Our new building is lovely. So lovely, that they threw a little block party to welcome us to the neighbourhood! Or so I thought. Apparently my French is so shit, I completely misunderstood the reasons for the gathering. Turns out, it is held yearly for all the neighbours to get together and have a drink and a laugh. Still nice, though!
Let's skim over the crippling social anxiety from which I suffer (compounded when foreign language skills are heavily required) and talk instead about the food. Living in a building full of nannas means there was a table absolutely groaning under the weight of the clafoutis, mi-cuit aux chocolat, tarte tatins, and gateau aux citron. Phwoar. The quiche section was fully representing too- there were at least 5. I did my classic crispy mushroom and spinach ricotta triangles with spicy pepper dip, and made a pistachio yogurt cake with figs. I was in there like swimwear when several nannas even asked me, L'Anglaise, for my recipes!
At first, it was a bit awkward as everyone asked us our life story and I tried desperately to keep up with the French, but a few of the neighbours spoke English, so they were lifesavers when my head was about to implode. We met a great family (who are actually directly across from us, on the 5th floor of the opposite hallway- we can wave across the courtyard!) who were both lovely and hilarious. They even invited Banoo to a tennis lesson the next day (we live across from a small court) and he had a blast! We also were told by several of the people that when we have children, they will babysit. I like how they just assumed it was going to happen at some point! I wonder if they plant sit?
One small note: out of all the food on the tables, my triangles and cake were the ONLY items that were completely eaten. FUCKING STRUT. Both recipes, I'll add, are by a British woman. Les Rosbifs are kicking ass with British cuisine!
In the pursuit of a more simple, rural life, Marie Antoinette had the bold idea to create a living, working hamlet in the grounds of her Petit Trianon. Called simply L'Hameau, it was comprised of 12 buildings (9 of which still stand)- each with it's own purpose. There is a mill, a dairy, a working farm, barns and stables, and green things growing in all of the little fenced gardens. She would wear her simple muslin frock, drink the fresh cow and goat milk, and enjoy pretending to not be the Queen of France for a while. Of course, her trusty billiard table was installed in her cottage here, too. I'm beginning to think she was a bit of a pool shark!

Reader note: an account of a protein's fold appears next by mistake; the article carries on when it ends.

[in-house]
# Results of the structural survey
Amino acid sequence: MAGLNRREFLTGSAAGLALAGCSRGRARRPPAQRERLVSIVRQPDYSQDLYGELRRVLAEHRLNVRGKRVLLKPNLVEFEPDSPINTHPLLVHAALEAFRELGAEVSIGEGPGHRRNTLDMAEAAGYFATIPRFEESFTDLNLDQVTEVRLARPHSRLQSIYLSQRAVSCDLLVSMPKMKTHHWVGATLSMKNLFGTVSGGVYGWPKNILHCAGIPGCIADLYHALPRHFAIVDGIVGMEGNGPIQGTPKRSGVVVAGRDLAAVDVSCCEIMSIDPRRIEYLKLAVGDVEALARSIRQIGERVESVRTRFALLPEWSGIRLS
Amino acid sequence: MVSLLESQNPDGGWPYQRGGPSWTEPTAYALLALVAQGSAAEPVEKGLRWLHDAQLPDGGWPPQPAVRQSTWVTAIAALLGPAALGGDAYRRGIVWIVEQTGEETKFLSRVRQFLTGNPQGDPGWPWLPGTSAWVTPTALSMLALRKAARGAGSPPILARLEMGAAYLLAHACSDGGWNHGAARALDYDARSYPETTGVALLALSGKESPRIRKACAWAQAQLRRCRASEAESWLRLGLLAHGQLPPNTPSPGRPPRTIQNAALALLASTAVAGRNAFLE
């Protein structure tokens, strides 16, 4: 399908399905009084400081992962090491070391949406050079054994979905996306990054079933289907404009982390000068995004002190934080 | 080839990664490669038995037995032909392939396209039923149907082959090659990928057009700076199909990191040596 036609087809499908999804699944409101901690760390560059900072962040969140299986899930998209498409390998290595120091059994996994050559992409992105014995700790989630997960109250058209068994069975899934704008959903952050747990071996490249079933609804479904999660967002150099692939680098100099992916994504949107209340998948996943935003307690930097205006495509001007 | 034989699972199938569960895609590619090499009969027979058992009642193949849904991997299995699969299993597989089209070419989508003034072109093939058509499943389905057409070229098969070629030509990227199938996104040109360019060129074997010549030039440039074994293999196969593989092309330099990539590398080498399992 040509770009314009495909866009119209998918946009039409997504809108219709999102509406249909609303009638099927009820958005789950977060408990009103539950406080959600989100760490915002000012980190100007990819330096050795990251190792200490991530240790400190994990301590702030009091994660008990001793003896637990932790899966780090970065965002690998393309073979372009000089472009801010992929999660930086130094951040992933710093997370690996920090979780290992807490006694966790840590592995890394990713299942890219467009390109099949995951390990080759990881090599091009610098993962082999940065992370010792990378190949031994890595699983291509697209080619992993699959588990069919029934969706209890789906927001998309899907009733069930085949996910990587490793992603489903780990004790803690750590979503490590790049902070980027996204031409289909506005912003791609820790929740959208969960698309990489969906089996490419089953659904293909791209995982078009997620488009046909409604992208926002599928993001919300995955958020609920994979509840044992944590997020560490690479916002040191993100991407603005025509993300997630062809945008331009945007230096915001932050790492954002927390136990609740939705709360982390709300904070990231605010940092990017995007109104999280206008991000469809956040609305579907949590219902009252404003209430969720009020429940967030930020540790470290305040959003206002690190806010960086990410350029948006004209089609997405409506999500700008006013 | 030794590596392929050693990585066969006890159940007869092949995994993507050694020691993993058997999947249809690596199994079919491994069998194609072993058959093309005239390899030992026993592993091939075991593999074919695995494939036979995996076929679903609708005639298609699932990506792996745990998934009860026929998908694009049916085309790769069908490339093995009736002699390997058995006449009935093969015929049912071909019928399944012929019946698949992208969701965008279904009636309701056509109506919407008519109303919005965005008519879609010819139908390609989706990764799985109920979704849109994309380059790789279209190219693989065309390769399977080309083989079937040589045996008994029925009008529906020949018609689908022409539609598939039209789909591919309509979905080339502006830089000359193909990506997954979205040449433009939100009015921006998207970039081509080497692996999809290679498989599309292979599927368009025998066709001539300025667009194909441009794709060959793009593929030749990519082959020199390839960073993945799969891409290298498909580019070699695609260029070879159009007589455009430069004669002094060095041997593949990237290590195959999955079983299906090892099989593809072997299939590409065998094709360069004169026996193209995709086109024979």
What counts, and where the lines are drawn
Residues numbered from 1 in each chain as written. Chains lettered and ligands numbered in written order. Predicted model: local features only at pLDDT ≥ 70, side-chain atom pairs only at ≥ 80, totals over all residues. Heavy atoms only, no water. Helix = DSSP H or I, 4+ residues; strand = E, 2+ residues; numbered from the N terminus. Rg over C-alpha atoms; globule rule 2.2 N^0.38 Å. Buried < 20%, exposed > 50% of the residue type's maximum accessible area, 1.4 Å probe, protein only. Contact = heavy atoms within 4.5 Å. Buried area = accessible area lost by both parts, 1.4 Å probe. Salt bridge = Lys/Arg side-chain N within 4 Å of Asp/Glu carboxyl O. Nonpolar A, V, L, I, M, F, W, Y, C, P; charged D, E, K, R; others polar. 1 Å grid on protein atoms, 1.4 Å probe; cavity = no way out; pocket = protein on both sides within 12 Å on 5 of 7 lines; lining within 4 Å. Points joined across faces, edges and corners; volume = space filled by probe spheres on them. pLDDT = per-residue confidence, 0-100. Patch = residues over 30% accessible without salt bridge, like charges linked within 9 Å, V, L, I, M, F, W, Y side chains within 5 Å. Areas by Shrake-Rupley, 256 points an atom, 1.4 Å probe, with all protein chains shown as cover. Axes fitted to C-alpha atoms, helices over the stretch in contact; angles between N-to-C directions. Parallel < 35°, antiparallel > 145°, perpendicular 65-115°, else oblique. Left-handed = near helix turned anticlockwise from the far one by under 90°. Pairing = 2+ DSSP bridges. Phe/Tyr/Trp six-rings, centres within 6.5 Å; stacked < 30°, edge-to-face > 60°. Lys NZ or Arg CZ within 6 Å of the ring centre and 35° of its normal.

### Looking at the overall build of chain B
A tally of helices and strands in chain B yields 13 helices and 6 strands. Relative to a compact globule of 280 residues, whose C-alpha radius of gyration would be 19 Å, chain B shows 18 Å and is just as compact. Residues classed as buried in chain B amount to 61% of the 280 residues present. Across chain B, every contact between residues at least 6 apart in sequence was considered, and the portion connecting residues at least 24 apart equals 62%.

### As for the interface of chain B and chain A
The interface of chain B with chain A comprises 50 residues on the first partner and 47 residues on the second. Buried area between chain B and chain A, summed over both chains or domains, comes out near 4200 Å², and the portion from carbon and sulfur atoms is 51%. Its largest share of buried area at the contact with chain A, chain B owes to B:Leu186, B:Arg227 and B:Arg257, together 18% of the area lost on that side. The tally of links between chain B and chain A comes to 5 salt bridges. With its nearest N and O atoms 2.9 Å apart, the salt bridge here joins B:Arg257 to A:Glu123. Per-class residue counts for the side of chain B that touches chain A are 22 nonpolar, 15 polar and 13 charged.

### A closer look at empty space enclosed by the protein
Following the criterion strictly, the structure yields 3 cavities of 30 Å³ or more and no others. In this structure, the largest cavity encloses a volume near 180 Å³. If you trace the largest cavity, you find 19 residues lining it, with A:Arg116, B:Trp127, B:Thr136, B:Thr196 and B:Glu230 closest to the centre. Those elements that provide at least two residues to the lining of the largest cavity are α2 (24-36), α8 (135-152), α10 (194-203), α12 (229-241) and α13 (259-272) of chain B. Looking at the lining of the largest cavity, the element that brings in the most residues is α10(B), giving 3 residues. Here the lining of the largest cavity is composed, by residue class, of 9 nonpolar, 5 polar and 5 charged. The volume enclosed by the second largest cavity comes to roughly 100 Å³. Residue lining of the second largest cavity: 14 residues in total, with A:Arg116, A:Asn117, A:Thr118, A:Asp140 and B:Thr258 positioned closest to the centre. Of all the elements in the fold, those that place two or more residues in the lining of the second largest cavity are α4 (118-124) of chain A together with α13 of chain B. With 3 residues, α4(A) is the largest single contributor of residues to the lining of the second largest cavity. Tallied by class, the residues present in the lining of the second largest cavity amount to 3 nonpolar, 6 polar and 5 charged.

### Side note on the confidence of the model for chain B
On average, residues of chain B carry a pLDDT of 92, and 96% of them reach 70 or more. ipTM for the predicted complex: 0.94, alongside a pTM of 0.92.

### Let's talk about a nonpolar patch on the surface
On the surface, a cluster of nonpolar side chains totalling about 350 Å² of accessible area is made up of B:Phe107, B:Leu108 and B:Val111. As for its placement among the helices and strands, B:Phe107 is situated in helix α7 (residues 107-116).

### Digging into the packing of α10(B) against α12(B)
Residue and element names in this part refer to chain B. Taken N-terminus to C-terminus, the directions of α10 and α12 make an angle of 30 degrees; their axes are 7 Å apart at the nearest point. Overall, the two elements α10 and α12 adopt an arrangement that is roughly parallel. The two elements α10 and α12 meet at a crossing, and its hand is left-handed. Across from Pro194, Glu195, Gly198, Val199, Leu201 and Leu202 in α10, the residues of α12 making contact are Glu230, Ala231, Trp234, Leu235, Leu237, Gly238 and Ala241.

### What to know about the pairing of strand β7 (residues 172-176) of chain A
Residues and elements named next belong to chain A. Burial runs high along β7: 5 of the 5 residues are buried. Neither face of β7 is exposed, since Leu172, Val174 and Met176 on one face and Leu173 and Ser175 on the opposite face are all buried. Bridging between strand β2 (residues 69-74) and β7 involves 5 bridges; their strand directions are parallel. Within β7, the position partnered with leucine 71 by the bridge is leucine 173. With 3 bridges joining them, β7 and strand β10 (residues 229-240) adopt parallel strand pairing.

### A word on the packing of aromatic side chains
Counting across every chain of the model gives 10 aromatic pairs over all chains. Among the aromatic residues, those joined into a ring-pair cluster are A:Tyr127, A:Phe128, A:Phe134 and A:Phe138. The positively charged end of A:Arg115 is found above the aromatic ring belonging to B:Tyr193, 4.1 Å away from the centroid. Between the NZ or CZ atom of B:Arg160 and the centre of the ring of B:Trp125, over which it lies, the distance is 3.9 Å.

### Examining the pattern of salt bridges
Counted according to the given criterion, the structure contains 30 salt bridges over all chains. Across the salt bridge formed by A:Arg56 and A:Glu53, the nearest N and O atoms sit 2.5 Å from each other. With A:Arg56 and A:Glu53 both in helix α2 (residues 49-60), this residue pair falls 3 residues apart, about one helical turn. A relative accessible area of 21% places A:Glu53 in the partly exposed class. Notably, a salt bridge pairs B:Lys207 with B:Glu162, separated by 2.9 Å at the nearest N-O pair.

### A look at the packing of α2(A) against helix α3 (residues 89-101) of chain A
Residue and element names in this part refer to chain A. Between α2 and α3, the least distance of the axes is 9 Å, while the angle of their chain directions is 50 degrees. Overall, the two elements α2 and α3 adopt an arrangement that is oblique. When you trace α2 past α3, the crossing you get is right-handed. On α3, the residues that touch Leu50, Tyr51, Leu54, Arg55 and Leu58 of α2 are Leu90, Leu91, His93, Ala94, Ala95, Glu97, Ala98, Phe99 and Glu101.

The land around the hamlet is gorgeous- wildflowers everywhere, fuzzy bees flitting from petal to petal, little streams and ponds snaking through the dense green, and animals nibbling away at the grass. It's quiet and peaceful and, ignoring the groups of touring school children on their iPhones squawking loudly, you can imagine how idyllic it must have been for her and her children to come here to breathe.
These are the actual stairs to the Queen's house balcony. She actually walked up and down these. This makes me weirdly excited. Also this is the prettiest and most obliging cow I have ever seen. She totally posed for my photo.
The hungriest fish ever. They just came up and nibbled, with a noise like "Glomp! Glomp!". Muskrats paddled behind them, ducks swam in and out, pecking with annoyance at the chompy fish. If it were a cartoon, birds would have come down and braided my hair with ribbons.
Maison de la Reine, in all its simple beauty. I'm not kidding, when I die, please sprinkle me here. I don't care if you have to smuggle me in in a Ziploc. Just make it happen.
Originally built for the King's mistress, Le Petit Trianon was given to Marie Antoinette by her husband, Louis Auguste, as a place to escape the rigid rules and regulations of Versailles court life. Marie had her own billiard table installed, a game room, a decked-out music room, and spent many years happily designing the gardens behind the small (mind you, this is in Versailles terms- this place is still massive) home-away-from-home. She chose to let the garden grow in the "English" style- wildflowers, lots of green grass and gently rolling hills, ponds and lakes, and planted rows and rows of trees.
The Petit Trianon itself is gorgeous- all light blue and cream on the first floor, with a grand staircase with her monogram built into the wrought iron railings. Since the King used to keep his mistress here, there was once a private staircase, usable only by His Majesty, who was the sole owner of the special key. (I'm assuming it was to slip in and out of the rooms unobserved for his "pleasure".) Marie Antoinette had those stairs demolished and opened up the layout to make a more pleasing home. The cool marble and floor-to-ceiling windows fill the place with light and the views are stunning. She even had a small stage and theatre built in so her ladies and her could playact and perform for entertainment.